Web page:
By Joanna Fletcher
When you go to a Web site, that Web site’s server sends a (hopefully unique) number to your Web browser, sometimes known as a cookie or USI (unique session identifier). Every time that Web site is accessed again, for example by clicking a link to another page on the Web site, the browser resends the cookie so that the server knows what to send and where. The cookie makes it faster and easier for customers to move around your Web site.
A shopping cart is created on the server that is tied to the USI and stores the list of items you have placed in your cart. The items stay in the virtual cart until you enter purchase details or the cookie is timed out by the server or your browser.
Cookies are not in themselves dangerous since they cannot read or write to your computer — they only track what you have done on various Web sites and hold that information on the hosting server. The data is analyzed and mined to produce customer profiles to create targeted marketing campaigns. This information is always stored on a server anyway, but information gained using cookies can be sold to advertisers as anonymous profiles to help them define markets on the Internet.
Turning off cookies solves this problem, but can make some Web sites you visit become unusable, especially if you are shopping online. Most cookies time out, meaning that they will close down themselves after a certain period of inactivity on a site. However, some cookies will stay in system memory until actively flushed out by clearing your cache, and these are the ones that are controversial.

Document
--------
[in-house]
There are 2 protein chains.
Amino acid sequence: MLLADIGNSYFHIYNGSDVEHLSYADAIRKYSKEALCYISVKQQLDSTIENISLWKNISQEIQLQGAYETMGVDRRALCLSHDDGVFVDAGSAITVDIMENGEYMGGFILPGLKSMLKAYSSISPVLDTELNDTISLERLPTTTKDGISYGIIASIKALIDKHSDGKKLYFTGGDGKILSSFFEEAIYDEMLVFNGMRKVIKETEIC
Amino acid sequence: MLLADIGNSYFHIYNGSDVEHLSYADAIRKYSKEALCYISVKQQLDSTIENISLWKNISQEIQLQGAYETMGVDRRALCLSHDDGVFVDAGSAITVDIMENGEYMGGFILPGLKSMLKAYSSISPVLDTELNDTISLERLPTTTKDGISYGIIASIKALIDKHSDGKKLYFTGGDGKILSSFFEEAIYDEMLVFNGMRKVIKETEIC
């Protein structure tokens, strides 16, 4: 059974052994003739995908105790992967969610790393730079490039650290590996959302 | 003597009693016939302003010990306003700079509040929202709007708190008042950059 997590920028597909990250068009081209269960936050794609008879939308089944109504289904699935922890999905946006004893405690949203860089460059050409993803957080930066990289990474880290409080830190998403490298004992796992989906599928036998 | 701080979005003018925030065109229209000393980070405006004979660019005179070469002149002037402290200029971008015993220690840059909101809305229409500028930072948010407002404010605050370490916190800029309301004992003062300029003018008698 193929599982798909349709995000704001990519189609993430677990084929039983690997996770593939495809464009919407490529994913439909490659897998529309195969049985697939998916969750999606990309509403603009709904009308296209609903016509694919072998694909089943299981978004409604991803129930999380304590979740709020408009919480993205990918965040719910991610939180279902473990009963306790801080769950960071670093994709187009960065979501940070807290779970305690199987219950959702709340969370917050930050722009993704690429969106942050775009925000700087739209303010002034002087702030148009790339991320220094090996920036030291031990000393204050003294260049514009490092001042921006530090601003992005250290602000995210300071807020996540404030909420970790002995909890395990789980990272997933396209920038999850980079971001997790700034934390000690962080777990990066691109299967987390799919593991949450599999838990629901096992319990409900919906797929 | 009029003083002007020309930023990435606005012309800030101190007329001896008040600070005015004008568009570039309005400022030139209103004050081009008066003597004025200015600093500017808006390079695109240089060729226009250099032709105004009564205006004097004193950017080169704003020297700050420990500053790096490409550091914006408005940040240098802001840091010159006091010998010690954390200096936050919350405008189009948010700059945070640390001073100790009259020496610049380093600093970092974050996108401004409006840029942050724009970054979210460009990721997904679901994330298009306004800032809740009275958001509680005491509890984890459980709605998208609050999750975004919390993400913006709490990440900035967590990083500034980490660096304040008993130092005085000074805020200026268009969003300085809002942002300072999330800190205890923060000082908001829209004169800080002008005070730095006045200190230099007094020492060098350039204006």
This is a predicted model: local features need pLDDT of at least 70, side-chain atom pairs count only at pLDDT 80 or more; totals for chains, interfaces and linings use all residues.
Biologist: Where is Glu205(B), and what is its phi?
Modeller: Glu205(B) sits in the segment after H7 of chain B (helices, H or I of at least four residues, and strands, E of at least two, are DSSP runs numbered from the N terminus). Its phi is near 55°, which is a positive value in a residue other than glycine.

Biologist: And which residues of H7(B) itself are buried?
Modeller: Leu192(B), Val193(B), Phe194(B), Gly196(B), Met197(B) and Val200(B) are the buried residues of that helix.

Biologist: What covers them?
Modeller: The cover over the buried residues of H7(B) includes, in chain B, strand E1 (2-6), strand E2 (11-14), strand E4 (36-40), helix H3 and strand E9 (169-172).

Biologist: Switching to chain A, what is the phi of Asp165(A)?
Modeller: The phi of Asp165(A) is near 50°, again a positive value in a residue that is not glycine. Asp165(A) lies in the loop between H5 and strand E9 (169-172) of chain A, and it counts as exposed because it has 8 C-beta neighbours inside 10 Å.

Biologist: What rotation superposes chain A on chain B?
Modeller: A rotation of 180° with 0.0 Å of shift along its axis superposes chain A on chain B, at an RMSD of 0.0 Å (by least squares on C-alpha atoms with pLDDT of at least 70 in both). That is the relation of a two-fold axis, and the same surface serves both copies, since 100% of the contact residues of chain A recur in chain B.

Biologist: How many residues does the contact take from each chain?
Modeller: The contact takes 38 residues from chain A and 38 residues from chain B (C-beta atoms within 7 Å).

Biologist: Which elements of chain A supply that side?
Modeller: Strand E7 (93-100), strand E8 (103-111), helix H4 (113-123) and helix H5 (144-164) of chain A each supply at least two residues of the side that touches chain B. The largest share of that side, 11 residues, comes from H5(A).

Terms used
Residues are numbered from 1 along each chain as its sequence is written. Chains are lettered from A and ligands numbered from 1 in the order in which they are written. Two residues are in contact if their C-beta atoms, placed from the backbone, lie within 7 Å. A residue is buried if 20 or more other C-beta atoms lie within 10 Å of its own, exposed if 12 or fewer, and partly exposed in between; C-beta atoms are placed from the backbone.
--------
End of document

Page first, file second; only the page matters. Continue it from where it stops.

Most Web pages today use third-party cookies placed by advertisers who track user activity around their advertisements and over different Web sites. Even when an ad is not clicked, the third-party cookie can be placed on the browser and track its activity. This tracking across multiple Web sites that are not stored on the same server is considered by some to be an invasion of privacy.
The Bottom Line
Sessions are great since they allow your customers to move around your Web site without having to log in or reload pages multiple times. They are also used to collect information about how customers use your Web site, which can be analyzed and parlayed into new and better versions of your Web site.
It is important to scan any affiliate or advertising contracts for permissions to use persistent third-party cookies. You may be eroding consumer confidence as well as giving away extremely valuable marketing profiles on your customers. Shouldn’t you be the one profiting from inside information on your customer base?
About the Author
Joanna Fletcher is a netizen who has lived, worked, and played in virtual space for most of her life. Her entrepreneurial flair is topped only by her tolerance for failure.